Justin Marks Talks He-Man IESB.net
In the new issue of Toyfare
out this week, screenwriter Justin Marks talks about what he has planned for He-Man and Skeletor.
TOYFARE: How did you get involved with writing the He-Man script?
He-Man came about as a result of a mutual collaboration with [co-screenwriter] Neil Ellice and the guys at Silver Pictures. We came together and married a take that we all really loved and that we felt would be true to Eternia for the first time. And we campaigned and pushed–everything short of getting on my hands and knees begging–for Mattel to hear it, and they did. We got in the room and we basically spoke through not only one movie, but three movies, all the way down through our dreams for the titles for the second and third movies and which characters appeared when.
Do you think the public is going to have a hard time accepting He-Man as an action hero?
A lot of people think of He-Man and they think of that guy with the bob haircut and the Arnold Schwarzenegger archetype and laugh him off, but those of us who grew up on him, we don't laugh about He-Man at all. There are great ideas in there that we've never seen on film . . . and hopefully we soon will.
Is he still going to be called He-Man?
[Laughs] We're doing something very interesting with that. But . . . yeah. Obviously you can't make a He-Man movie and be afraid of the word "He-Man." You have to get into there. But I think fans will be very pleased when they see how "He-Man" is spoken.
Do you have a villain yet?
Oh, it's a Skeletor movie. Obviously we can only speak in broad strokes, but how about this? Thus far, at least, there are no invented new characters plopped into it–and if we and Mattel have our way there will never be. We're talking about the He-Man mythology. So what we're talking about doing, in the same way as Batman Begins, we're going back to the original thing, let's build it from the ground up again. How can we find our way in? How can we jump into Adam's life at an interesting point where new audiences will respect him? It's an Adam origin story, and it's a Skeletor origin story. We want to see where both of them come from and how they got that way. If we don't see the humanity and the truth in what Skeletor's trying to do, then the story's not compelling.
Are there any wishes you would have for casting?
Let me just say we don't want wrestlers. [Laughs] I'm not saying he should be He-Man, but Michael Biehn is my all-time favorite actor. You go to Hicks or Kyle Reese, and James Cameron created that action hero type, and I feel like I always write with the mindset of that type of hero who doesn't exist these days. He's that guy who, if he took a weapon and said, "Follow me," I'd be right behind him.
How are you going to incorporate all the . . . let's say disparate elements of the He-Man mythology?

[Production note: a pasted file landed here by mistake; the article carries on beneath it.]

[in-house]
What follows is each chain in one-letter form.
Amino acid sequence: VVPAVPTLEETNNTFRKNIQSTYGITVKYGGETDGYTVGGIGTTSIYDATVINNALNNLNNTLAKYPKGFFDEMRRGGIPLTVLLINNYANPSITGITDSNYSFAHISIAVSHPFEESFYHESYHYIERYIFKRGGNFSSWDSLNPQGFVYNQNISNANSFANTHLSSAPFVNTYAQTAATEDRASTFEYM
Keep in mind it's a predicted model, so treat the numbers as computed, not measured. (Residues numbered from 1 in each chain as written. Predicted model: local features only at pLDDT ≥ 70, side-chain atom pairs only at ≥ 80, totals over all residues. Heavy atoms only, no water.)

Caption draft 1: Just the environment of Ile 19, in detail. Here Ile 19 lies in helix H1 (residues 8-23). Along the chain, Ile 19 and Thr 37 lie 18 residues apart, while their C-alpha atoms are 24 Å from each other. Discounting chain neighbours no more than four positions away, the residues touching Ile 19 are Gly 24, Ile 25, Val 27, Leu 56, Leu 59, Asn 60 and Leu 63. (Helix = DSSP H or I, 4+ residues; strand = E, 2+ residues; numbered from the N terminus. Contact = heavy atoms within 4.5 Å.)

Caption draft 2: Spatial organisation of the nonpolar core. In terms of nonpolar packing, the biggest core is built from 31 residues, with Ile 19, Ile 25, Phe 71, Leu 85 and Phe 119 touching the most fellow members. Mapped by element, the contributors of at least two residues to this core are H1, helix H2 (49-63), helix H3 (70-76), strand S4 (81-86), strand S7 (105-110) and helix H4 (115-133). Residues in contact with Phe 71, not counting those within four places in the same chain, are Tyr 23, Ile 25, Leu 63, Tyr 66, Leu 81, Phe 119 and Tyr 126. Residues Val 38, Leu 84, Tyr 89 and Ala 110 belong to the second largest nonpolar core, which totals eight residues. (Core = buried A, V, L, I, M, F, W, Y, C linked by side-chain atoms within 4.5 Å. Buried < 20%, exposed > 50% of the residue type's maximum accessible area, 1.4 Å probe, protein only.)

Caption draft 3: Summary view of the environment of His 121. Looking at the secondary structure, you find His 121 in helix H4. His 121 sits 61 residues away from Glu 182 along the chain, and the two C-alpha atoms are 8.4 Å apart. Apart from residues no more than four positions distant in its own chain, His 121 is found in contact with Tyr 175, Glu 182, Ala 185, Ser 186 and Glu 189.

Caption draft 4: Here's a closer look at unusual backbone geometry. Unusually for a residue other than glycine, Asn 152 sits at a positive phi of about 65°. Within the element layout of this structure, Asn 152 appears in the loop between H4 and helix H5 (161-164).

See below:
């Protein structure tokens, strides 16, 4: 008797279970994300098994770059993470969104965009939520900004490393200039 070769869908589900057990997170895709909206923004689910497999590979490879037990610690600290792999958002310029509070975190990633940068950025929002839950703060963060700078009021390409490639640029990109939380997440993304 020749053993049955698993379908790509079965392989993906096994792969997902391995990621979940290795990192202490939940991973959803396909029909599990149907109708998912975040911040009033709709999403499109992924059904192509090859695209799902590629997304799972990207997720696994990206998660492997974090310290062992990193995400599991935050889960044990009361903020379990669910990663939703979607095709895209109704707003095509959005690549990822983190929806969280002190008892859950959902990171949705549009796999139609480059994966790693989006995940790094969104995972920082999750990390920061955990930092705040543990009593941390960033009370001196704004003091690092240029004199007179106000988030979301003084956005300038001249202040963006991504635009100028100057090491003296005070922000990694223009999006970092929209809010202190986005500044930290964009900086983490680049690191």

He-Man is sword-and-sandals meets science fiction. If you avoid it and just try to make it sword and sandals, then it becomes a boring movie. If you just try to make it science fiction, it's going to be really kitschy and weird, and it's not going to be true to He-Man. You have to make it both. So we have to come up with specific ideas, grounded, that would spawn a world that was people carrying around swords, and yet, guys like Tri-Klops running around with his spinning visor and this sort of nano-technological way about him. What is the sorcery that can create stuff like that?
So you're really sticking fairly closely to the original world?
There's some stuff going around . . . we should clear that up. There's some rumor spreading that he's a soldier in the Iraqi war. Where did they get that? This is an Eternian movie and it's a story about an Eternian hero. We're not going to Earth, here. We're not going to the modern world. We're not going to a strip mall in the Valley. [Laughs] By the way, I think there are really great things about the original Masters of the Universe.
What kind of questions?
If you remember, He-Man [toys], very early on, had two halves of the sword–Skeletor had half, He-Man had half and you could clip them together. And that was discarded by the cartoon. And I'm not sure if I can tell you but we finally got the answer to [why there are two halves], because it'll be something that I think can affect the movie.
So Mattel has been pretty helpful to work with, then?
Mattel has been really great when we say, "Look, we need something for this scene, something along the lines of this." And they usually have stuff in their library that's like, "No, it should be like this," and we're like, "Great!" So it's been really fan-friendly in that regard. When this movie comes out–and hopefully some day it will, because things look really stacked in its favor after Transformers
–people will watch this movie and say, "I can't believe it took this long for a He-Man movie to get to the screen," because of how naturally the original material suits itself to a great, Lord-of-the-Rings-scale and yet high-tech, cool movie.
Pick up a copy of Toyfare
magazine today to read the complete interview.